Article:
Do you have a bike or like getting around on two wheels? Maybe you enjoy walking downtown Savannah’s beautiful, tree lined streets? Do you feel good "doing good" in the community?
On Saturday, Bike Walk Savannah teams up with Emmaus House for Cranksgiving, a creative, two-wheeled, two-legged opportunity for Savannahians to get together, collect food and necessities, and help community members in need.
Since 2012, Bike Walk Savannah has hosted Cranksgiving, a pedaling and walking event in support of Emmaus House, an interfaith organization feeding Savannah’s hungry each morning Monday through Friday. It works like this: bike riders and pedestrians meet at Bike Walk Savannah’s headquarters at 1301 Lincoln Street, review a list of Emmaus House’s most-needed items, divvy up that list then compete to find and purchase the most goods.
The challenge is carrying everything on bikes or in bags and backpacks. Each person contributes no more than $20, and there are prizes for Best Team Effort, Most Items Collected, Most Grocery Stores Visited, Most Creative Rig, and Best Costume.
"It’s a lot of fun," said Kim Turner, Board Member of Bike Walk Savannah and multi-year participant. "Some of these people I only see once a year when we decorate our bikes and trailers and get the supplies. Of course, it’s for an important cause, raising awareness and helping people in our community who really need food."
With bike trailers, panniers, and backpacks, riders and walkers set out to cross off items from the list. Participants mostly shop in the downtown area at Kroger, Dollar Store, Whole Foods, and Red and White.
Since 1982, Emmaus House at 18 Abercorn St. has been helping Savannah’s homeless get a warm meal, shower, do laundry, and get connected to resources for stable housing. This year because of COVID-19, the organization has had an ongoing need for paper goods in addition to canned and shelf-stable foods.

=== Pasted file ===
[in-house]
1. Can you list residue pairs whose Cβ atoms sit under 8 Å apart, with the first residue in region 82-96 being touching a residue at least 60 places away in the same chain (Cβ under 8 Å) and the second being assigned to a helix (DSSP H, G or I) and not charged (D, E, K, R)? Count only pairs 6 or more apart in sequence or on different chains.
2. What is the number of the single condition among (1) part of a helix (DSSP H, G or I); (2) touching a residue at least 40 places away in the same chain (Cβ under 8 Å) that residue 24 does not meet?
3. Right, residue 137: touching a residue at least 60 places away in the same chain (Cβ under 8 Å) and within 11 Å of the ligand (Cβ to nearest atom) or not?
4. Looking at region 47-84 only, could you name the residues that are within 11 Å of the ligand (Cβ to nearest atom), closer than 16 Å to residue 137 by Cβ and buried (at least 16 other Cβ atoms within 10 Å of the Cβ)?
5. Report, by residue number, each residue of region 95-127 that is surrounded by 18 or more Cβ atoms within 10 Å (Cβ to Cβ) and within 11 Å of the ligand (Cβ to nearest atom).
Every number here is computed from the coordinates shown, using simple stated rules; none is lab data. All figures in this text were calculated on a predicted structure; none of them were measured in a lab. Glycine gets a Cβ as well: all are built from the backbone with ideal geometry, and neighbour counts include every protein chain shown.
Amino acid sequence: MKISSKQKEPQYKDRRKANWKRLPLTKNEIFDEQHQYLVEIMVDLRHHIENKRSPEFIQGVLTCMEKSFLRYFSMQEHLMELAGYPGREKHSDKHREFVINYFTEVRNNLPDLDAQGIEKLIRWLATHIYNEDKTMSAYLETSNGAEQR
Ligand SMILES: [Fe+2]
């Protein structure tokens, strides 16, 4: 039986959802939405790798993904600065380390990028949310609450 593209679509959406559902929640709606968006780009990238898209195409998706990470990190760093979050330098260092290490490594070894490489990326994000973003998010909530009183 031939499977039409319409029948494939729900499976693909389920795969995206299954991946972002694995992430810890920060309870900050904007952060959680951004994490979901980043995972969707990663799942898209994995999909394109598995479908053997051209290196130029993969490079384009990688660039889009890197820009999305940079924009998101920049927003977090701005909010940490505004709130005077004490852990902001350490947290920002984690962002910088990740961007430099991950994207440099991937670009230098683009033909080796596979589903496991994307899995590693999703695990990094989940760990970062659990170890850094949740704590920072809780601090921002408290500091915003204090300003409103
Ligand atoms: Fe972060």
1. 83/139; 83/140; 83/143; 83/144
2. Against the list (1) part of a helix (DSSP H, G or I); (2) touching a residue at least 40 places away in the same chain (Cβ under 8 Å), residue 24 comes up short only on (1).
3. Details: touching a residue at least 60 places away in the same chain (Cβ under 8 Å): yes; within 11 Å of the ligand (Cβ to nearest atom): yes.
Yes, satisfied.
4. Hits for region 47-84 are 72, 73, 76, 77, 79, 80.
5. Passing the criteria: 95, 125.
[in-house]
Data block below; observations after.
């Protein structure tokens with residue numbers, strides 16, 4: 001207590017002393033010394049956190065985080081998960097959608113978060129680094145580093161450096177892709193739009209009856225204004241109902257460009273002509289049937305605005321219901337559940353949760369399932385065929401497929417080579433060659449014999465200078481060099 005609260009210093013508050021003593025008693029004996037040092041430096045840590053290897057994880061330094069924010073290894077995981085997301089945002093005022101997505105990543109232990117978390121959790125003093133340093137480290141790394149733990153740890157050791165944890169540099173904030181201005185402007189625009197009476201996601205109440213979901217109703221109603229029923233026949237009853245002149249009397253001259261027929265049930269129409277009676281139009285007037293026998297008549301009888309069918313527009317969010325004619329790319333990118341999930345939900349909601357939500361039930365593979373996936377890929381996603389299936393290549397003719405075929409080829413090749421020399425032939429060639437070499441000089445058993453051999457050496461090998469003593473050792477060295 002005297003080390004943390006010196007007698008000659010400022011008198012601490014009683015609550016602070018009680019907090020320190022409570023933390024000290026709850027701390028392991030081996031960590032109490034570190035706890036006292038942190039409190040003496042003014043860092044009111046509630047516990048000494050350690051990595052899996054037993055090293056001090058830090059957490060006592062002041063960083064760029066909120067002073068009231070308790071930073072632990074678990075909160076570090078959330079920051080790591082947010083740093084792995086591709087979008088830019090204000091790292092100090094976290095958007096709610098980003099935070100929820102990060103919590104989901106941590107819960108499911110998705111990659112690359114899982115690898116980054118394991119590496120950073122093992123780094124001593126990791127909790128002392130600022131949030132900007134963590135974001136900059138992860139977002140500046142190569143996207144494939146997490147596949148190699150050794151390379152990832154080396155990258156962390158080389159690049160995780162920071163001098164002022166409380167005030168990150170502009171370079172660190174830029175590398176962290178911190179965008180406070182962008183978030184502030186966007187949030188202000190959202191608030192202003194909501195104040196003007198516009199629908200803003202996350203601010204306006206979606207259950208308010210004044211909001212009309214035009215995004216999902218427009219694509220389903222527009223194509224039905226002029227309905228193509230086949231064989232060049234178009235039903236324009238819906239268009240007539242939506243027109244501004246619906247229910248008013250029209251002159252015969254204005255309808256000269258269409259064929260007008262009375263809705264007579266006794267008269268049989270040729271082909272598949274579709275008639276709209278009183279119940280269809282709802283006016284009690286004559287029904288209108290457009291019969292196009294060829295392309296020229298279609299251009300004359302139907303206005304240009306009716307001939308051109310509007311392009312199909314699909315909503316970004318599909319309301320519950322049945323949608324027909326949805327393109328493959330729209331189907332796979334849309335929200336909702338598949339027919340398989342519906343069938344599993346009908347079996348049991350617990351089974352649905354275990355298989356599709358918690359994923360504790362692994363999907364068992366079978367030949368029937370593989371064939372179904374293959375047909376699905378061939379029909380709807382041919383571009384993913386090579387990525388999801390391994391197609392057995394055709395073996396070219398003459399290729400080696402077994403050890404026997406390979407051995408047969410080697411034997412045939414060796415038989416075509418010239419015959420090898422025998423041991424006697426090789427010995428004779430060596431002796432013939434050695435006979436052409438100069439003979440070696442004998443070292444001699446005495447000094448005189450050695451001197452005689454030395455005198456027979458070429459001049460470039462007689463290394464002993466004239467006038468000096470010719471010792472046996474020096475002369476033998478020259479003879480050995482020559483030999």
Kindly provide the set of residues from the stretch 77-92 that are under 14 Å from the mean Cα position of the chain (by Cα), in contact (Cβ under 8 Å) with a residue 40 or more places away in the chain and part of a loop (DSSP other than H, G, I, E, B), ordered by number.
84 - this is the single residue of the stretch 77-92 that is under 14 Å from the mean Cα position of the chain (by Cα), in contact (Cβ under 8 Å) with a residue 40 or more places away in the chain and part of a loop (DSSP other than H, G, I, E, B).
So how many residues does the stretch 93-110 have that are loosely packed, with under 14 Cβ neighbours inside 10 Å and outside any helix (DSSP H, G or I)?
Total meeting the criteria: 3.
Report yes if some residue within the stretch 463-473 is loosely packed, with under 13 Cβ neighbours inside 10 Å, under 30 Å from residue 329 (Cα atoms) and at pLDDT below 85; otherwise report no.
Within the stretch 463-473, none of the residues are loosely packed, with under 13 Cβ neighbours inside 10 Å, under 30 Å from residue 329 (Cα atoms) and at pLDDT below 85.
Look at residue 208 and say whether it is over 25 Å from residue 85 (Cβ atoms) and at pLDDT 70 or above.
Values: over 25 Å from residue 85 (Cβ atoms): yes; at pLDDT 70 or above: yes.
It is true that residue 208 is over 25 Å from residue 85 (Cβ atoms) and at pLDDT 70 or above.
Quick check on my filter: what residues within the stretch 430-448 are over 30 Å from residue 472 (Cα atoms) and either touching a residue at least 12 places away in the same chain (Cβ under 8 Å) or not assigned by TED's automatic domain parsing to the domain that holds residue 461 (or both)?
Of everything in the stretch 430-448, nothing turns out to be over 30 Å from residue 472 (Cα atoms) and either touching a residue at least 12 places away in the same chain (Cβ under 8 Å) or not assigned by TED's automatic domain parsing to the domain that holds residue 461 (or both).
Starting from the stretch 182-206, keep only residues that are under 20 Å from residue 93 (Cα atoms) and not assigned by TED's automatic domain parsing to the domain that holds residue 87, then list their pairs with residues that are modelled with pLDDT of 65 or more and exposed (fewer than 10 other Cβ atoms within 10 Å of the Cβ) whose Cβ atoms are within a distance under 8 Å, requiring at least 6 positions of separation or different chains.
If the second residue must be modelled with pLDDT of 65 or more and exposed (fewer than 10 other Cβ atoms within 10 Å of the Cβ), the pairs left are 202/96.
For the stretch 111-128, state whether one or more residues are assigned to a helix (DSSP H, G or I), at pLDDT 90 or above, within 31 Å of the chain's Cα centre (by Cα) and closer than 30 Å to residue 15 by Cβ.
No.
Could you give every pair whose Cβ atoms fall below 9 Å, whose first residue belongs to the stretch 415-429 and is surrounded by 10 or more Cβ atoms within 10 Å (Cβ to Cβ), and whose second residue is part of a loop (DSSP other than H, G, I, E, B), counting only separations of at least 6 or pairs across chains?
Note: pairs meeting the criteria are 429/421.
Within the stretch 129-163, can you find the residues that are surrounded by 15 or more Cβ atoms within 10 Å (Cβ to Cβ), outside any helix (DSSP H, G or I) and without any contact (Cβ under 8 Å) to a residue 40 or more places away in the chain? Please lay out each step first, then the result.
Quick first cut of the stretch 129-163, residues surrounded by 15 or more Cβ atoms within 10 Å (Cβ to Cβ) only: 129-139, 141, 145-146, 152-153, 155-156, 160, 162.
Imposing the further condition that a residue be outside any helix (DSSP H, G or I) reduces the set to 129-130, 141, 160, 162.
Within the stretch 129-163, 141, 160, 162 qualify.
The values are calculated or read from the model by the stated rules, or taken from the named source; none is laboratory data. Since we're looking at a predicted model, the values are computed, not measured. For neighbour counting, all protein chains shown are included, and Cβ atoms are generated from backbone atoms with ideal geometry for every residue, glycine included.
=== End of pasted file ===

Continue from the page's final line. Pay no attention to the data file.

"We regularly serve hearty breakfasts of meatloaf, mac and cheese, lasagna," said Ariana Berksteiner, Executive Director of Emmaus House. "Good Southern-style cooking to stick to the bones for a while, and since spring it’s all been going out in paper bags."
Emmaus House will also distribute Thanksgiving dinner in to-go bags.
"We anticipate serving at least 250 to-go meals for Thanksgiving," emphasized Berksteiner. "Which is why we have an unprecedented need for paper bags, cutlery, and napkins this years. Things like beans, rice, pasta are great donations, and we always have a need for person hygiene supplies."
Caila Brown, Executive Director of Bike Walk Savannah, has also experienced first-hand COVID-19 bringing people’s livelihoods to a screeching halt, forcing families and individuals to seek alternative transportation solutions.
Since spring, the organization has received requests for over 150 bicycles from a range of community members.
"This ride helps bring to light something we don’t want to think about," said Brown. "How close so many people are in our community to being without food. Cranksgiving raises funds and food, and it raises awareness about food insecurity in Savannah."
For Berksteiner, the event also raises awareness of what it’s like to be houseless and trying to navigate the city by biking or walking.
"So many of our clients only bike or walk, and Cranksgiving is a connection point for understanding what it’s like to have to figure out how to get everything on a bike or in a backpack and travel through Savannah," emphasized Berksteiner. "People who are houseless do this every day, and the event is a little of what it’s like to rely on just a bike or your own two legs."